Two months after fire broke out on the roof of Peddler’s Village, about half of the vendors have returned to the flea market building at the St. Jacobs Farmers’ Market.
Marcus Shantz, president of market-owner Mercedes Corporation, says about 35 of the 80 vendors have returned thus far, beginning on July 21.
More will be moving back in on an ongoing basis.
“The fire caused damage to the roof area, and the area that’s right under where that fire was is still being rebuilt – it’s boarded off and they’re finishing that area. The rest of the area it was really smoke and water damage. It’s water damage from both the sprinkler system and the firefighting. There was a lot of cleanup and so forth from that,” he explained of the process to re-open the building.
He says vendors will be more or less in their same locations as before the fire, noting there have been some improvements. There aren’t any final totals on the cost related to the fire and repairs, but he estimates if the damage done to the building was added to losses by the vendors it would be in the $1-million range.
Most vendors had to wait to be let back into the building because the market’s outdoors spaces are pretty well full in the summer, although a couple were able to operate outside.
Botanical Propaganda is one of the vendors that was displaced by the fire. They set up their booth outside temporarily while they waited for the building to be open to vendors again. Mariah Zervos was running the booth on Tuesday afternoon and noted their products are better suited for an indoor booth.They’ve been back in Peddler’s Village since last week and have been selling at the market since December.
And they’ve even taken advantage of the latest Pokémon Go craze by making bubblegum scented Pokémon ball bath bombs, which were for sale on Tuesday.
Zervos said all their stock, which includes bath and body products like bath bombs and sugar scrubs, was damaged by the water.
Some 400 bath bombs were ruined, but they were able to quickly restock.
“It was easy for us to come back in because we make new product weekly. We’ve been pretty lucky,” she said.
It’ll take longer for other vendors as evidenced by some empty booths in Peddler’s Village this week, with just the vendor’s name taped to the wall.
Shantz says a few of the vendors might not come back at all.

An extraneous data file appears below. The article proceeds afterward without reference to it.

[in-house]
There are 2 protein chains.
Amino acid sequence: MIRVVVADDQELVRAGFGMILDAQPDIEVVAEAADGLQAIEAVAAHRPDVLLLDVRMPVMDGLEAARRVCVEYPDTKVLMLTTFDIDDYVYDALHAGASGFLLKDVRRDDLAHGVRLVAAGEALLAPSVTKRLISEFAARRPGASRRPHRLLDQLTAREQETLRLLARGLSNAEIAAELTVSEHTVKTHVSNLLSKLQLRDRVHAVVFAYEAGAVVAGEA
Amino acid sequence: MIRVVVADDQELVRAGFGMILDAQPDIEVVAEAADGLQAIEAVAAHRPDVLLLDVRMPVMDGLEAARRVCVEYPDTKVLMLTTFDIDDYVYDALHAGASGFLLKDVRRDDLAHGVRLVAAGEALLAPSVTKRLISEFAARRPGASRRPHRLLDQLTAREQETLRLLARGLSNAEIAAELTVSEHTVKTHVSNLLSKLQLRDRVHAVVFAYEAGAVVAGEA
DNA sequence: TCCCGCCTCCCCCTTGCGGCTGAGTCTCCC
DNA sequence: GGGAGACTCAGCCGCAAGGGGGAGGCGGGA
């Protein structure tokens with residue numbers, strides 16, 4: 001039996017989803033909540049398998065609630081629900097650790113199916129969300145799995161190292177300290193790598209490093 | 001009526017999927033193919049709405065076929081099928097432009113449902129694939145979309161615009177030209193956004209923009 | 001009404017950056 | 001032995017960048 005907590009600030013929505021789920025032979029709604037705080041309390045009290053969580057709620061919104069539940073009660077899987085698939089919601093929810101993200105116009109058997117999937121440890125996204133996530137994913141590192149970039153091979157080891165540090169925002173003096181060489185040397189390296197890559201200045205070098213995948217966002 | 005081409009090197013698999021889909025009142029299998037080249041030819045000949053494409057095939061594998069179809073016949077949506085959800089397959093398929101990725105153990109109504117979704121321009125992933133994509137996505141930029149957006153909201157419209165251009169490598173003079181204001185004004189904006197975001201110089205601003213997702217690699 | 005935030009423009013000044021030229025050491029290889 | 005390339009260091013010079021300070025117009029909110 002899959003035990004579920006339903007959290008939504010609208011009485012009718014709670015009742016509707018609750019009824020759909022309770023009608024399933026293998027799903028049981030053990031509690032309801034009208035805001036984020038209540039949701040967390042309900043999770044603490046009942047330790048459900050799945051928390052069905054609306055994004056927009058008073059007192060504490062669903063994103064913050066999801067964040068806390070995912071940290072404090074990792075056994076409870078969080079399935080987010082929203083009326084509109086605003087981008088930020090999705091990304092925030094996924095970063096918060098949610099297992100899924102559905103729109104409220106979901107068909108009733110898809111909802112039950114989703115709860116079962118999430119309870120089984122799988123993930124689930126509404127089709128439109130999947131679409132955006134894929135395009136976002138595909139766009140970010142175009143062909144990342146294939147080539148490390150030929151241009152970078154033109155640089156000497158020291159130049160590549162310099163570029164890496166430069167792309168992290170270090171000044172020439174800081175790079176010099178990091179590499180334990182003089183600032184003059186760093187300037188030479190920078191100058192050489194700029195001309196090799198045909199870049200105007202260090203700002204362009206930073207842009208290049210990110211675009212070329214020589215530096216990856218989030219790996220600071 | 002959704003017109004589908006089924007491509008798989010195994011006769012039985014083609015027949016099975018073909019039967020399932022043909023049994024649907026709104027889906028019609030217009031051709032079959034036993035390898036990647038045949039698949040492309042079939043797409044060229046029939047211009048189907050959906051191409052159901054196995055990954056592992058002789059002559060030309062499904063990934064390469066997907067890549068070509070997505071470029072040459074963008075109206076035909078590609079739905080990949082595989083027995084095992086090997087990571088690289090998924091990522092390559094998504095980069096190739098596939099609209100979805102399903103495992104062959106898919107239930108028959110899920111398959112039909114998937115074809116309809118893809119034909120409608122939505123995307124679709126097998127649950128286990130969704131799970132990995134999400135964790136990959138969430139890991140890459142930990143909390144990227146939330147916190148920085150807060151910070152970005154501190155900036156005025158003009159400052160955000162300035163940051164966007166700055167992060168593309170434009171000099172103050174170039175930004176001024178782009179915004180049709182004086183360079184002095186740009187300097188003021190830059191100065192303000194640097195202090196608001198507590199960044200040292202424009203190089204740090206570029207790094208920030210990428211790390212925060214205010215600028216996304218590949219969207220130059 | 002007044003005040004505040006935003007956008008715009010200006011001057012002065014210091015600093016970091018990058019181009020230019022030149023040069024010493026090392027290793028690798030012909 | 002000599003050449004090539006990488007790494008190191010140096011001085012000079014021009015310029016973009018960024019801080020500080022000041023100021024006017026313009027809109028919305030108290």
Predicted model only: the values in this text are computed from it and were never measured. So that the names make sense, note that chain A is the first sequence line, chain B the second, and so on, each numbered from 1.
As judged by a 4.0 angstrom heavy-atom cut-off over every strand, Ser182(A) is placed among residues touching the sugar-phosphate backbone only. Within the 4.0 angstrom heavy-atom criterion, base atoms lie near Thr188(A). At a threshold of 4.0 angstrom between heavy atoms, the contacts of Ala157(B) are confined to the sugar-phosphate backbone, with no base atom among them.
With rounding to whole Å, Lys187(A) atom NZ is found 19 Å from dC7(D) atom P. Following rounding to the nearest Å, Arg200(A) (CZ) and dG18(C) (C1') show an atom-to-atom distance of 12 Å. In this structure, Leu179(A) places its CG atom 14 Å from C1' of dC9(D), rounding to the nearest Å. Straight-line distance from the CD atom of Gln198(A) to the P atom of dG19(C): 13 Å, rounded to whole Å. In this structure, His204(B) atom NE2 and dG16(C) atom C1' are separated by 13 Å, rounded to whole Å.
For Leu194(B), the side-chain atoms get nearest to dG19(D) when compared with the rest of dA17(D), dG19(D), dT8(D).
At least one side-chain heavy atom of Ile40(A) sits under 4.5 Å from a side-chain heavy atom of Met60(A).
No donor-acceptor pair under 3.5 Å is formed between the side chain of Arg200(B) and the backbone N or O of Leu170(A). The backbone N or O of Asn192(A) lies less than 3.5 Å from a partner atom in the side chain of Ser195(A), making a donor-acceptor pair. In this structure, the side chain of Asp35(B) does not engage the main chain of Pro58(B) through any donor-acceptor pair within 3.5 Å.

“I think that sometimes has to do with if you were thinking of making a change or transitioning, this sometimes provides the impetus to say, ‘I’m going to call it and not do it anymore.’ There’s a few like that. I’m not aware of too many like that,” Shantz said.
He notes the market is grateful to the Woolwich Fire Department that worked all afternoon in the heat on May 26 to knock down the fire that had sparked while a contractor was working on the roof. Crews were called from St. Jacobs, Elmira, Conestogo and Breslau.
“This is a volunteer fire department in Woolwich, so you have people who are leaving their place of work and getting suited up to come out to help us out and we’re very, very grateful for it,” Shantz said.
This summer also marks the first full season with the new farmers’ market building open. The building opened last September to replace the main market building – a separate building from Peddler’s Village – that was destroyed by fire in 2013.
“It’s been very positive so far. Sometimes when it gets too hot it sort of slows traffic down, so we don’t need more of this heat. And I think for the farmers too if you want to be a farmers’ market you have to have a good season, so the drought affects us in a couple of ways, but no it’s been a good season and it’s in full swing,” Shantz said.
The St. Jacobs Farmers’ Market including the main market building, Peddler’s Village, the Harvest Barn, and the outdoor vendors is open Thursdays and Saturdays year-round, with an additional market day on Tuesdays throughout the summer until Labour Day.
“I think it was good to have people back and I think they’re happy to be back, but it is obviously a trying time for people. We didn’t really need this. It was something that we had to go through. I think people will be happy when it’s back to normal,” Shantz said.